WOMAN'S OWN|June 29, 2020
I thought I might be leaving them for a month, possibly six weeks – but, as the weeks stretch into months, I have no idea when I’ll see them again.*
In a million years, this wasn’t something I’d have imagined I’d have to do. Since my journalist husband Gary moved to Glasgow for work in 2016, we’ve settled into an agreeable ‘living apart together’ set-up, in which he spends about one weekend in three in London, and I divide my life into one-third in Scotland, two-thirds in London. The situation was imposed on us: Gary landed his dream job, but it was in a city far from our family home and, with two of our four daughters then still at school, it was clear I needed to stay put with them.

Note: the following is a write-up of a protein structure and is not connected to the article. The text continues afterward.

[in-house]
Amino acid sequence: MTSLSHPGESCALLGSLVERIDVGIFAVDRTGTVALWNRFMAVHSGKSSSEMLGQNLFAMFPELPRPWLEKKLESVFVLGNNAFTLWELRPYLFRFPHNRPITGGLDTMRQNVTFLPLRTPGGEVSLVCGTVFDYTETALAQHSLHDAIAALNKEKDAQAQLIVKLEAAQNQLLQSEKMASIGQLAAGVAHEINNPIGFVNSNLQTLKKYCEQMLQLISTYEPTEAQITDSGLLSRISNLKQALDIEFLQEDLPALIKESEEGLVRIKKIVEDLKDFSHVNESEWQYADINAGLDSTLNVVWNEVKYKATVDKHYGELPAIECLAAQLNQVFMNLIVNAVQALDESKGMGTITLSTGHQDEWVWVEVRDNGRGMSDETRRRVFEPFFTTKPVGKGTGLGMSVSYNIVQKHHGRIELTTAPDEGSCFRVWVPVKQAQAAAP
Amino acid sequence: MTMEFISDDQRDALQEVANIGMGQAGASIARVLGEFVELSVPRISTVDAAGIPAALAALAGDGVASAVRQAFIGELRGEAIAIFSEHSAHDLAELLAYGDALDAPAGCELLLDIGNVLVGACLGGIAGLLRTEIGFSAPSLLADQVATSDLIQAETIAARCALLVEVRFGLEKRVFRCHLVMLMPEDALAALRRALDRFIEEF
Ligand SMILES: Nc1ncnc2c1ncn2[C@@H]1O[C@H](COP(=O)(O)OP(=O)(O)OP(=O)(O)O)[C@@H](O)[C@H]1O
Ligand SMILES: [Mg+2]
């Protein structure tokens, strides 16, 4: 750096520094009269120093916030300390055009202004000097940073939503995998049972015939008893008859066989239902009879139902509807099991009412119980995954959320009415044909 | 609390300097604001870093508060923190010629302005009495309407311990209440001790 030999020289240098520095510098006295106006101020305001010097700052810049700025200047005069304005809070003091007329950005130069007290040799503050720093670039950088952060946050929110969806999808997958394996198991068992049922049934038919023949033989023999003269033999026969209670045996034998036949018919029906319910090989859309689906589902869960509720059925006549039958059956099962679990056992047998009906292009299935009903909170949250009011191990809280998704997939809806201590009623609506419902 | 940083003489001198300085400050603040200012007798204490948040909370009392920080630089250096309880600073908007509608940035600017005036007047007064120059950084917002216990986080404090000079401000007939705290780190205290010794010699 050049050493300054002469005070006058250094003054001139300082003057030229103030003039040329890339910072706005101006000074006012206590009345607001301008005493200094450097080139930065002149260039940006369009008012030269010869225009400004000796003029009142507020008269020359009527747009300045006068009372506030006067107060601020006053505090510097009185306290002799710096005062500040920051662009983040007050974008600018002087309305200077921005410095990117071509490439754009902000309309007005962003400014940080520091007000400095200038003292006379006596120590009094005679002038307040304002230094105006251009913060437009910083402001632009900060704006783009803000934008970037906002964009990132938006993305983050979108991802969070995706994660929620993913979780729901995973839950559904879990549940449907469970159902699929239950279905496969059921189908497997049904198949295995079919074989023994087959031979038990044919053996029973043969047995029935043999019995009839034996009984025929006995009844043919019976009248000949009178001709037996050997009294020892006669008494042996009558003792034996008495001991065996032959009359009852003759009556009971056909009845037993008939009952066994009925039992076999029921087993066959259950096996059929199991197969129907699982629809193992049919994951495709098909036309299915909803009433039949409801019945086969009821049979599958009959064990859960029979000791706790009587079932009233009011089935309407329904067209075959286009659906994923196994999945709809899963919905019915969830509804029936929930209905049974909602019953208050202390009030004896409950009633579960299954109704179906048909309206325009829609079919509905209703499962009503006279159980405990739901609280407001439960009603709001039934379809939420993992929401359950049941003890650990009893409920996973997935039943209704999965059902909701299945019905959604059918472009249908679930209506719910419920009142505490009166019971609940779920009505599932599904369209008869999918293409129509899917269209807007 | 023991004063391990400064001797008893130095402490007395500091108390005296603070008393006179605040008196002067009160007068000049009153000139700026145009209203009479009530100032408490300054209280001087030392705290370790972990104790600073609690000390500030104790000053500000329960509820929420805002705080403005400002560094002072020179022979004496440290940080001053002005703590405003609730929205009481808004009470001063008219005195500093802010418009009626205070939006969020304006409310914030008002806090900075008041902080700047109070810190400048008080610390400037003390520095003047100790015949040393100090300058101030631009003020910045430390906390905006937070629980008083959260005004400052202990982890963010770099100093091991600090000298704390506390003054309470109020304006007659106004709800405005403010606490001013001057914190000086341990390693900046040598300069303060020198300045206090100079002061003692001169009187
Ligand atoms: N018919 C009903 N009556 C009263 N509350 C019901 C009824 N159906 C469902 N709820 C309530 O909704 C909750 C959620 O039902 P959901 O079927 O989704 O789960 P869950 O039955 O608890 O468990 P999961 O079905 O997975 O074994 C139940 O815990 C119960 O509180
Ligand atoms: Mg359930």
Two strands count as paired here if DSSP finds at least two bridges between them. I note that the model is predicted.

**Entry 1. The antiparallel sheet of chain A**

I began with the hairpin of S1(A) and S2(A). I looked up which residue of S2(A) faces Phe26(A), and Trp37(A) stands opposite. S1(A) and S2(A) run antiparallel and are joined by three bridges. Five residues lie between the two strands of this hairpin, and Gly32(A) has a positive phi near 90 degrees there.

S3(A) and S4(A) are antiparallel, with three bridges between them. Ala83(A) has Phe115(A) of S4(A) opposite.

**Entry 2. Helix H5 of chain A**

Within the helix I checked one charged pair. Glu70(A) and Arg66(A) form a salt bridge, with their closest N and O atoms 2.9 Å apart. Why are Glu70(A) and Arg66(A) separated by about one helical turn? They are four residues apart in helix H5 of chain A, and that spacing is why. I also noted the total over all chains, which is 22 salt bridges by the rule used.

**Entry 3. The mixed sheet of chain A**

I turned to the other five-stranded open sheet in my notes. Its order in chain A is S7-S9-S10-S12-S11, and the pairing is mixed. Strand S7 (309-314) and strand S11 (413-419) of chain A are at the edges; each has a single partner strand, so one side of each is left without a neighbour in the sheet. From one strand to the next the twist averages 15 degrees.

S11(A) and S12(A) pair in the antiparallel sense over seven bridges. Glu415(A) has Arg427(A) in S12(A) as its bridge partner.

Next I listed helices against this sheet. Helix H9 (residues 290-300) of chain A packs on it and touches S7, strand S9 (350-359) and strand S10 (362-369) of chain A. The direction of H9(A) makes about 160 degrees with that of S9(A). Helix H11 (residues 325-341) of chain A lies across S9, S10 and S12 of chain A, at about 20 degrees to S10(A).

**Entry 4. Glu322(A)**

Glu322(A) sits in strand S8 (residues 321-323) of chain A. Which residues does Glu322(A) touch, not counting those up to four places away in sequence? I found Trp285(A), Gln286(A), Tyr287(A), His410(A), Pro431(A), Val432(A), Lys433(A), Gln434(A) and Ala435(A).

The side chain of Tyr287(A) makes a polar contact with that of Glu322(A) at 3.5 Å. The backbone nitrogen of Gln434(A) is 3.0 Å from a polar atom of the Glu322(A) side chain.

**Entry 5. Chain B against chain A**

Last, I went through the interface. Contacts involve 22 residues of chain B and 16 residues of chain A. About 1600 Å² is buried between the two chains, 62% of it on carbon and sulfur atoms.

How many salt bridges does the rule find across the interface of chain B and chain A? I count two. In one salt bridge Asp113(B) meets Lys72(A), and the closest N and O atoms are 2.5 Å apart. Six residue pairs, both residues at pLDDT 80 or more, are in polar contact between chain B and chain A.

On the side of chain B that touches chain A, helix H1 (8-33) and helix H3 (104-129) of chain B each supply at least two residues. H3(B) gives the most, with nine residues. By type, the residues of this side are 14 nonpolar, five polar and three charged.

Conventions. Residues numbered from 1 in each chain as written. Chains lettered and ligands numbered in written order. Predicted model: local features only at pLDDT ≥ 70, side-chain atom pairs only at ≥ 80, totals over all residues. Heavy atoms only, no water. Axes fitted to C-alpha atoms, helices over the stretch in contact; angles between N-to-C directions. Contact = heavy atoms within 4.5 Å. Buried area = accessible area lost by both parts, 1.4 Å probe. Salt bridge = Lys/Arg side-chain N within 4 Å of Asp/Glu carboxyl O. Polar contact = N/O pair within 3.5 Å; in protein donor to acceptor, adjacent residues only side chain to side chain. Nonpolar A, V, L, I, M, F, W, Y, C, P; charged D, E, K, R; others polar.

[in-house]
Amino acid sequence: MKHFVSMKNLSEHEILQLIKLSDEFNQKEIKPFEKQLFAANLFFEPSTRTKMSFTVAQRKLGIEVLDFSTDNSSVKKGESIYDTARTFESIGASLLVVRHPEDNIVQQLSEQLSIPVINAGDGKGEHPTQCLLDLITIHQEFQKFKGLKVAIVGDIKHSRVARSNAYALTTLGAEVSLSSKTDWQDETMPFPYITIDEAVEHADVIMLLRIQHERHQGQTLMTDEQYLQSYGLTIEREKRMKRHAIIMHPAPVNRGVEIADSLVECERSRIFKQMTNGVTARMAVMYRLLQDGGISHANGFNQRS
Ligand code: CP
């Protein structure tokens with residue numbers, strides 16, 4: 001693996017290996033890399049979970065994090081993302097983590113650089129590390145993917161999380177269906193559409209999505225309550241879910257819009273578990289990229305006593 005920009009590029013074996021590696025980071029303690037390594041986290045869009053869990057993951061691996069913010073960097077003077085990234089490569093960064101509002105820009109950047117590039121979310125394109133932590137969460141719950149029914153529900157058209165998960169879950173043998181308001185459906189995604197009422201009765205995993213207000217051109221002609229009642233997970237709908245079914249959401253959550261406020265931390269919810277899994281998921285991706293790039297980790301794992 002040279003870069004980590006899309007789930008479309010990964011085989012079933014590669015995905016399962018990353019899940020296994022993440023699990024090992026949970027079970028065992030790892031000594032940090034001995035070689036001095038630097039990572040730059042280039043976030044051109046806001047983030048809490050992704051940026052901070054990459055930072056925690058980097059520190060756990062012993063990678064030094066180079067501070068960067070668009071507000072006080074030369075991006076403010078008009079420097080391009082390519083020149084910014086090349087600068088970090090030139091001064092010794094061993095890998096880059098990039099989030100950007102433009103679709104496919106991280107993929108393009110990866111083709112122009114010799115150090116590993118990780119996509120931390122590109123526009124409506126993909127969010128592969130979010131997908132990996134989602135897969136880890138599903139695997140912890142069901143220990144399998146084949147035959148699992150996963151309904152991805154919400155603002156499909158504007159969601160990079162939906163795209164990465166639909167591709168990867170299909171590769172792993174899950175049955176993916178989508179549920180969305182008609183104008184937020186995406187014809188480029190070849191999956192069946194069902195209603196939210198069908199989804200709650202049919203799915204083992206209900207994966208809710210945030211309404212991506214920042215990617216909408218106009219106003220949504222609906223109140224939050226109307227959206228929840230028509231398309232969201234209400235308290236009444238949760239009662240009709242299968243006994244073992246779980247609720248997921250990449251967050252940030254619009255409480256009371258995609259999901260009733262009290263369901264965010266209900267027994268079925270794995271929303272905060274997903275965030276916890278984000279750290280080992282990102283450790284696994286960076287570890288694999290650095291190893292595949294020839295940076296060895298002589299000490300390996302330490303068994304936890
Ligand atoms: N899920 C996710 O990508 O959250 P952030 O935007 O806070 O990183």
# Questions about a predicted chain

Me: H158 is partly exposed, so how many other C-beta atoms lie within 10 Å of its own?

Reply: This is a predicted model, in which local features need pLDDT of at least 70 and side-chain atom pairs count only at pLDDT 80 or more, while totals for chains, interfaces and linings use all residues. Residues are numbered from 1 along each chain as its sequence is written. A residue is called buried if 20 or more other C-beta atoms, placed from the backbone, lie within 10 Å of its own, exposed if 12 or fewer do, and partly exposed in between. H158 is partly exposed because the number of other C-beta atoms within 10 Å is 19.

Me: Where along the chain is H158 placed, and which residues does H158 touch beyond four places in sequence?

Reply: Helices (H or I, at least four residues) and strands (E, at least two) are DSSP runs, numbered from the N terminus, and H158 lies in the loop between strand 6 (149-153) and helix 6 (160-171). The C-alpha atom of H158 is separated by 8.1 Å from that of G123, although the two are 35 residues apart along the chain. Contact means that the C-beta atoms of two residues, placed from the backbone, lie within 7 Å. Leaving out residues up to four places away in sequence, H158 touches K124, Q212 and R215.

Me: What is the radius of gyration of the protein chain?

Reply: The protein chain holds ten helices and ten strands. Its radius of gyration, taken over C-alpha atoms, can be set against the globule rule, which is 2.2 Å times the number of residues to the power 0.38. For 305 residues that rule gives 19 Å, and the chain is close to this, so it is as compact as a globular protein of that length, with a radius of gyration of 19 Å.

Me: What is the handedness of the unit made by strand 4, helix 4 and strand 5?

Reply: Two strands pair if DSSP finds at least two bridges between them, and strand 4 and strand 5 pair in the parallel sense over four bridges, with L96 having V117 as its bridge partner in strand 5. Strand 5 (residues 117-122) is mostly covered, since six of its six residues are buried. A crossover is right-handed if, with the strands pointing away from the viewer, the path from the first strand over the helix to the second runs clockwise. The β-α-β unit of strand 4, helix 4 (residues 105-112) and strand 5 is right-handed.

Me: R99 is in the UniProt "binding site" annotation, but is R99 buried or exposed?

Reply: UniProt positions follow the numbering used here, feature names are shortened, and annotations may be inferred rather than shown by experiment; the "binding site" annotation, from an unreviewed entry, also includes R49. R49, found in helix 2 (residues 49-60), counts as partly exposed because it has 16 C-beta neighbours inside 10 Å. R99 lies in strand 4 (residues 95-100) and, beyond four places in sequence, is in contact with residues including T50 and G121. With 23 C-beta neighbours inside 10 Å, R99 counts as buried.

Four years on, our youngest Catriona, 18, still lives with me in London, as does her 25-year-old sister Elinor and her friend Shannon, also 25, whom I consider an ‘honorary daughter’. By early March, Edinburgh University, where 21-year-old Miranda studies, had closed down, and she, too, was back in the family fold. Our eldest, Rosie, 28, works and lives in Amsterdam and has remained there.
At first, I was glad I was there with the girls; they needed support as they negotiated the new rules about homeworking – Elinor and Shannon, a journalist and a building project planner respectively, were now working from our living room. Miranda was worried about what would happen with her degree. But, for Catriona, there would be no A levels, and suddenly uncertainty hung over university plans.
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June 29, 2020